Figure 4. The most critical and difficult application of the process will be the pressure letdown valves that feed downstream flash tanks and distillation. The specialty valve design must handle three phase flow, elevated pressures and temperatures, cavitation, erosion, and chemical attacks


The remaining valves in the distillation section are similar to many refinery applications, with the main difference being the extensive mix of hydrocarbon constituents, which could pose material compatibility issues. Wax buildup and accumulation could be problematic in the bottom of the distillation column, so careful trim selection, as well as extensive heat trace of piping and valves, are necessary.

Final thoughts

The pyrolysis process design is still very much a work in progress, but several large plants are in construction or in the early stages of commissioning. Designs will probably change as production problems are encountered and better understood. In particular, the pressure letdown valves will likely require a number of iterations to find the right selection of trim design and materials which can withstand the process conditions and provide extended service life.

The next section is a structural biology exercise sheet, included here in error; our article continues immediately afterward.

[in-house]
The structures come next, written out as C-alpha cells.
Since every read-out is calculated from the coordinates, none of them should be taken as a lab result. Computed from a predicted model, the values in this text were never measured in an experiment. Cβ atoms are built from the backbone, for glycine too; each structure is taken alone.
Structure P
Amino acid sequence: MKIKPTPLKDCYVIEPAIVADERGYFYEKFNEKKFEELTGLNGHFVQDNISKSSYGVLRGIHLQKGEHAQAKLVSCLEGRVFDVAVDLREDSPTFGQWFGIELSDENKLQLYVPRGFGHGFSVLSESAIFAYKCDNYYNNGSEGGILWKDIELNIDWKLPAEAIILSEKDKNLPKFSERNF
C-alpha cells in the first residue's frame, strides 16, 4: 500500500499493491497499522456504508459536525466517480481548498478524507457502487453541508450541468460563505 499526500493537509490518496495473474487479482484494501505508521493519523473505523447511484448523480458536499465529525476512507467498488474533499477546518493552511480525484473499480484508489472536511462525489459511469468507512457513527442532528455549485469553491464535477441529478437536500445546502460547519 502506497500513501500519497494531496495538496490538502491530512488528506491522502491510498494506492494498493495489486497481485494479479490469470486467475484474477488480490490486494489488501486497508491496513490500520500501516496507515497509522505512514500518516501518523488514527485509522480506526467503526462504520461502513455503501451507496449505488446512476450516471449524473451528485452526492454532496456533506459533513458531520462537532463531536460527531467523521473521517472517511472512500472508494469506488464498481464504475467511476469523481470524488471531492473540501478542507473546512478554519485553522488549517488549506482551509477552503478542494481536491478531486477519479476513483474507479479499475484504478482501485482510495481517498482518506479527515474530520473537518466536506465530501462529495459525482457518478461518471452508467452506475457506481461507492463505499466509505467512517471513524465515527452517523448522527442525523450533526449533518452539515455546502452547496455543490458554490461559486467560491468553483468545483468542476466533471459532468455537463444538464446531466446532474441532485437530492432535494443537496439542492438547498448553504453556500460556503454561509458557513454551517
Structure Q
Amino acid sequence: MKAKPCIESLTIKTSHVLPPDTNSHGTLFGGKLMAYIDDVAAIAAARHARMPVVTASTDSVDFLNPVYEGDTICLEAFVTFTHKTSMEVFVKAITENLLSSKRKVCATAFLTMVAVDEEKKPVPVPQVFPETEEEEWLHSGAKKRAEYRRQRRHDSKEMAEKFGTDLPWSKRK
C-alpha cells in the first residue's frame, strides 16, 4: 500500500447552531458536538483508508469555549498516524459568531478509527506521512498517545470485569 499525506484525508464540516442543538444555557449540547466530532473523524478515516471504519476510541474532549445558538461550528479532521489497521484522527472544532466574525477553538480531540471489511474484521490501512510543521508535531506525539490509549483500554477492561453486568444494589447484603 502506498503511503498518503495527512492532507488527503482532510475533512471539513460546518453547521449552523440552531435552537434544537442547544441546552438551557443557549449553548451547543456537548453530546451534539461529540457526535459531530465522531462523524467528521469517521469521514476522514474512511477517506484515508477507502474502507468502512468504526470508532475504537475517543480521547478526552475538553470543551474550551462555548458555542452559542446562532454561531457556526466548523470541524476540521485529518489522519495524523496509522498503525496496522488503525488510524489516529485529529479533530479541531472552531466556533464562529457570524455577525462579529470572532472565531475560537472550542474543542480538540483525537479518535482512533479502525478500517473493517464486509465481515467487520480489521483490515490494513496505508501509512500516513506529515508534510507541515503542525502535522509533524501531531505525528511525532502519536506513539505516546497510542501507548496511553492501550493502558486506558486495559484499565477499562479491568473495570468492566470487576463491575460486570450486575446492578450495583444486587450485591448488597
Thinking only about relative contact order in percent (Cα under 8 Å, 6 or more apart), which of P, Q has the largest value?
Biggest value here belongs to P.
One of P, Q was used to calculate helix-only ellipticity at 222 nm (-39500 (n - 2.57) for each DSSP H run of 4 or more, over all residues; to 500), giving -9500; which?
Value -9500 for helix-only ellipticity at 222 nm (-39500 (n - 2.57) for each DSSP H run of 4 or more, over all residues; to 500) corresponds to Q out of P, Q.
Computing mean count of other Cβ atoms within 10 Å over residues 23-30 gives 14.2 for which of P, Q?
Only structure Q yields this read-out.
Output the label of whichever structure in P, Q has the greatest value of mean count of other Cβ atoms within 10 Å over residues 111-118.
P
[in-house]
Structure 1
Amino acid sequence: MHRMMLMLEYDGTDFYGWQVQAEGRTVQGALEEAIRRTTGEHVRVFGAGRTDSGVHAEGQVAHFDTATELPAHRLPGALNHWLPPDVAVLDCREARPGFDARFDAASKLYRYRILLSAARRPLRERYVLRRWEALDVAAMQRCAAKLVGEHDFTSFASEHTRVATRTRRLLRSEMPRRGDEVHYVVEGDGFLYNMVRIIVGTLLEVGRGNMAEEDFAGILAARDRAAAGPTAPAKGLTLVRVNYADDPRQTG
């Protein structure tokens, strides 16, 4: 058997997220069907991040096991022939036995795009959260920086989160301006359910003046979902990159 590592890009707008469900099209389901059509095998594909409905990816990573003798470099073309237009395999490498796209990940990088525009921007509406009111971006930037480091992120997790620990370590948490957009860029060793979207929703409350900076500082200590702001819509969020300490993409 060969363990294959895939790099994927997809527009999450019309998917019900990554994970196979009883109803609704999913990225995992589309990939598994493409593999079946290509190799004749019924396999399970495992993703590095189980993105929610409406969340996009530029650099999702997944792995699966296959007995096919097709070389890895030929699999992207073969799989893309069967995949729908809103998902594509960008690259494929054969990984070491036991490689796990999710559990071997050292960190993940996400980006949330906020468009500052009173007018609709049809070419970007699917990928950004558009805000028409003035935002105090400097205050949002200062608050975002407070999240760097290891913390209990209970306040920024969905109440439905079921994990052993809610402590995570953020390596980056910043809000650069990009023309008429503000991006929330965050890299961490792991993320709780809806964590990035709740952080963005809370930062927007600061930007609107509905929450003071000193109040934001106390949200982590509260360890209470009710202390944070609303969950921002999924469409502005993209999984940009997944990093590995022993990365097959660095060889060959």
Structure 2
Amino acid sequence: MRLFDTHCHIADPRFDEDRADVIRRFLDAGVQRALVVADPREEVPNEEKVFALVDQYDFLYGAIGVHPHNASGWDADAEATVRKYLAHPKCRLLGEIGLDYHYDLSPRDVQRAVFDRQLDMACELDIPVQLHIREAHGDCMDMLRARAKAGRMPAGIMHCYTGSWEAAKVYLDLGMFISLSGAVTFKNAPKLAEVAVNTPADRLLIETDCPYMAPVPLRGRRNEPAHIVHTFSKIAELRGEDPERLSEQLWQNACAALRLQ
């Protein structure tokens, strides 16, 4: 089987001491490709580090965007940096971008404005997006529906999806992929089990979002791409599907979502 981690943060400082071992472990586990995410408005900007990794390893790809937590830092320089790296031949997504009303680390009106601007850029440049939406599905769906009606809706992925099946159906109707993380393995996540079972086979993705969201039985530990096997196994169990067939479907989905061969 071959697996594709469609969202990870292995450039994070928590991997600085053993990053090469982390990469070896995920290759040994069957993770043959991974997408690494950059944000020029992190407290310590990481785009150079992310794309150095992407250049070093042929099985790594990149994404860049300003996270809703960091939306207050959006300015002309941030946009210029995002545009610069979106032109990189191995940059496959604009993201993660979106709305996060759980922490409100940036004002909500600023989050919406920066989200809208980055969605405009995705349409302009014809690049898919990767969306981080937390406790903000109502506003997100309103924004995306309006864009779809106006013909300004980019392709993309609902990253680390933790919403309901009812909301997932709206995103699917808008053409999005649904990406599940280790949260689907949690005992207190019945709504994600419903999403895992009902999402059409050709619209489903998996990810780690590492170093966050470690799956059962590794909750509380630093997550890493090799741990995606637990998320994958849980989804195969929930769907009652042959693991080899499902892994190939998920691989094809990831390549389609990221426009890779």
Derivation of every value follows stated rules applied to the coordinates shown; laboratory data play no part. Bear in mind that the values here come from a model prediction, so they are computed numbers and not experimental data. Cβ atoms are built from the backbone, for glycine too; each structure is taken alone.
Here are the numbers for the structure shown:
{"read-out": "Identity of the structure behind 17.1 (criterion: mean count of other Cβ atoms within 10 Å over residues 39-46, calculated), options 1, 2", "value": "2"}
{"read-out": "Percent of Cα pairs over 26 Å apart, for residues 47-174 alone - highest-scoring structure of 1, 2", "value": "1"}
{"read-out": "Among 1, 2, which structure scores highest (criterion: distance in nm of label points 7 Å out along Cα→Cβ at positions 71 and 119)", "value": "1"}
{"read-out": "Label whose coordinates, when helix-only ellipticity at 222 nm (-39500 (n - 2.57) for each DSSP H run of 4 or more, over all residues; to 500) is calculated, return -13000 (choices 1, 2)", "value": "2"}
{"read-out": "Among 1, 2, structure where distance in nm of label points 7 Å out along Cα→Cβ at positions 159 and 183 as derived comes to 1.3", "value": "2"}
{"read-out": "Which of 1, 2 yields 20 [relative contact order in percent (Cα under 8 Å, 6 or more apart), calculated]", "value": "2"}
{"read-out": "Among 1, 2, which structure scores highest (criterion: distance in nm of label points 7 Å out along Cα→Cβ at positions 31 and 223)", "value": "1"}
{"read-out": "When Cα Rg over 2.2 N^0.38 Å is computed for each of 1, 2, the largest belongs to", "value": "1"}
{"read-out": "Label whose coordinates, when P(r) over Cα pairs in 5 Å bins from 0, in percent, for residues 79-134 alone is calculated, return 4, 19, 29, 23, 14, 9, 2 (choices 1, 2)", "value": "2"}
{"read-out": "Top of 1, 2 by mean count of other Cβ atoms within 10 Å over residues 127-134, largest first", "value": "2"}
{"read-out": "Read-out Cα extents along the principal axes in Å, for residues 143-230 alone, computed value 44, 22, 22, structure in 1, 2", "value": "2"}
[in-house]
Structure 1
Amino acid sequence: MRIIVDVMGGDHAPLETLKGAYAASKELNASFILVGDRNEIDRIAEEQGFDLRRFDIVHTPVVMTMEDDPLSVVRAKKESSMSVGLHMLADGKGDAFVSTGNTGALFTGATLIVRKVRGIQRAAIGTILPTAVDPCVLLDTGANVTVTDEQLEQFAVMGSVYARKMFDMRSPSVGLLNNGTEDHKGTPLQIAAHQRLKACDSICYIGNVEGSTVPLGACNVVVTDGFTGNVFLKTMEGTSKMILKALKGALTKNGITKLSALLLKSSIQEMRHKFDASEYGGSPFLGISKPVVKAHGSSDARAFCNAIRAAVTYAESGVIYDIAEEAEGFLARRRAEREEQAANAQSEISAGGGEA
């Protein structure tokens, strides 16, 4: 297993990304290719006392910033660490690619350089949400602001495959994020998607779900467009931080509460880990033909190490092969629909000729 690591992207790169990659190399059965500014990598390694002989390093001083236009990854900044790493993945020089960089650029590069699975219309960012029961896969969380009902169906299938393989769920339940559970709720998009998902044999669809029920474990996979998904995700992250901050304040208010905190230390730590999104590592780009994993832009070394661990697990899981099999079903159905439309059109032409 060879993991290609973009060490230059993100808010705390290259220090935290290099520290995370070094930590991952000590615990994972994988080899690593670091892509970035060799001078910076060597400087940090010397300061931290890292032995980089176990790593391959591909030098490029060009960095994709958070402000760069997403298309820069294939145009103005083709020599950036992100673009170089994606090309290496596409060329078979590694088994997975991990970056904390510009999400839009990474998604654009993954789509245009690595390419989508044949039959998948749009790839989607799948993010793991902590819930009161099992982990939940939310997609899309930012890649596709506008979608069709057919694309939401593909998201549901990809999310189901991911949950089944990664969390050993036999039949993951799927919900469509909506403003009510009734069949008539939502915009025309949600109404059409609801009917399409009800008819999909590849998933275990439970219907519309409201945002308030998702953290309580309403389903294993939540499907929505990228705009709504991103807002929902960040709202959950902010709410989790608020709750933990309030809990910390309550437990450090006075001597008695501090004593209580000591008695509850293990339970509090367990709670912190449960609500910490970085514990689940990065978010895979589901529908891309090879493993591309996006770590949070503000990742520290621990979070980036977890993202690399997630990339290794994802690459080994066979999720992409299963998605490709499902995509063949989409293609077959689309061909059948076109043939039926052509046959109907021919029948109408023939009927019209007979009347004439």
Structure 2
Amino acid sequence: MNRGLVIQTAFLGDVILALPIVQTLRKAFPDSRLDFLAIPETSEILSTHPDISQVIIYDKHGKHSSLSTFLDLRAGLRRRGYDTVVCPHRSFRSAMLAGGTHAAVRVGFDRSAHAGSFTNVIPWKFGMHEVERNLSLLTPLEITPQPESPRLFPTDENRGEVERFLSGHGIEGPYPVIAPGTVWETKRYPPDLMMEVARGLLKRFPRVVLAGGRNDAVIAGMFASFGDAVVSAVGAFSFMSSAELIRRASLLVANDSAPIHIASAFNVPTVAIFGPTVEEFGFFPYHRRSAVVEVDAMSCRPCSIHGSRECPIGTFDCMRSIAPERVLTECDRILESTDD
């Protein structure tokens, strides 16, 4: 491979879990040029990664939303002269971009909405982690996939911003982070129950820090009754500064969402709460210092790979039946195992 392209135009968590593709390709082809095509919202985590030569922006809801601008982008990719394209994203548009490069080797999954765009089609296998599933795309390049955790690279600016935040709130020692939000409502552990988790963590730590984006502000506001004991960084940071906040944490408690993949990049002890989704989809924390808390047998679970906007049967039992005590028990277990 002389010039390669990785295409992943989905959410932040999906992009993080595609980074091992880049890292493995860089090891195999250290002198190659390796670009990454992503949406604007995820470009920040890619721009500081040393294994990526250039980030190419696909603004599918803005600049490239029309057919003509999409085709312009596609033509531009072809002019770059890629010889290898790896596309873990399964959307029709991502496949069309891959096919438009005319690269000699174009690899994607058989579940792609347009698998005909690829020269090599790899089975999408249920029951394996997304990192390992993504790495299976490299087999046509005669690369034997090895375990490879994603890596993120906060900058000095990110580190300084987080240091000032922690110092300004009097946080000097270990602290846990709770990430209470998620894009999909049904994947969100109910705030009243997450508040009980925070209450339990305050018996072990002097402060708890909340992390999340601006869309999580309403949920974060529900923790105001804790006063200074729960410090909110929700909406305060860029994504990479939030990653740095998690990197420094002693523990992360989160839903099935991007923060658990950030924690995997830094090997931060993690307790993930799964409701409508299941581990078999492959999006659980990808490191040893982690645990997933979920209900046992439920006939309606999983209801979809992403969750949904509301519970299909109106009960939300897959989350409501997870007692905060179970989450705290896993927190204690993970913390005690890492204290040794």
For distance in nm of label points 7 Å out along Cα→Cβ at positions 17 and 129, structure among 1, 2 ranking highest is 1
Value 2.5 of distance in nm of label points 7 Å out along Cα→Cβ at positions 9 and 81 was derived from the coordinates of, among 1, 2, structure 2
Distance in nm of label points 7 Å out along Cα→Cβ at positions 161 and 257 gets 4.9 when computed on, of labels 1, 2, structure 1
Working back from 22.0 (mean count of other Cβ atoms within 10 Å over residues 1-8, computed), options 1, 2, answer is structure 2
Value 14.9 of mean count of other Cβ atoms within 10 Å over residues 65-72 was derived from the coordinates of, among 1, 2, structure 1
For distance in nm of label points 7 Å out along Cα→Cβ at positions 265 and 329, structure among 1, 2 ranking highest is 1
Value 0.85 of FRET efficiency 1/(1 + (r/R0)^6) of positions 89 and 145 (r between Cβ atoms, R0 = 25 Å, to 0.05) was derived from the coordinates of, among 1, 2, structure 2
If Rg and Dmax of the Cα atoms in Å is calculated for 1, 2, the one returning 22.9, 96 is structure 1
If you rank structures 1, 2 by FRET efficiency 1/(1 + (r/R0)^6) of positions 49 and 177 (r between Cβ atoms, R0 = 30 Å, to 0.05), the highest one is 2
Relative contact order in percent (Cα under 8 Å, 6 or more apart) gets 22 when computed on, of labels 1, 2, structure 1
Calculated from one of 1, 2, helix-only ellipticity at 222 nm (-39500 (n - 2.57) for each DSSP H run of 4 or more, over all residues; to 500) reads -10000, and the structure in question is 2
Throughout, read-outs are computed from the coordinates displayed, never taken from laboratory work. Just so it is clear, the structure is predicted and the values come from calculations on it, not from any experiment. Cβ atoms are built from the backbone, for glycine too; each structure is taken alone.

When faced with extremely difficult applications such as these, end users are wise to consult the valve design experts of their automation provider. Recent advances in additive manufacturing techniques have enabled new trim designs and specialty materials that in the past could not be economically produced. In this very competitive landscape, it is likely that the first company to achieve a viable and stable process will reap huge rewards, even as they address a difficult and burgeoning global problem.

Edited by Dorothy Lozowski

All Figures courtesy of Emerson


Heng Erjian is a control valve business development manager for Emerson’s Flow Controls products, concentrating on the chemical and power industries during his 13 years in this position. He graduated from Nanyang Technological University in Singapore with a Bachelor of Mechanical Engineering degree. 



Kelly Chong Yi Ying is sales and application engineer for Emerson’s Flow Controls products, concentrating on the marine and chemical sectors during her five years in this position. She graduated from Curtin University with a Bachelor of Chemical Engineering degree.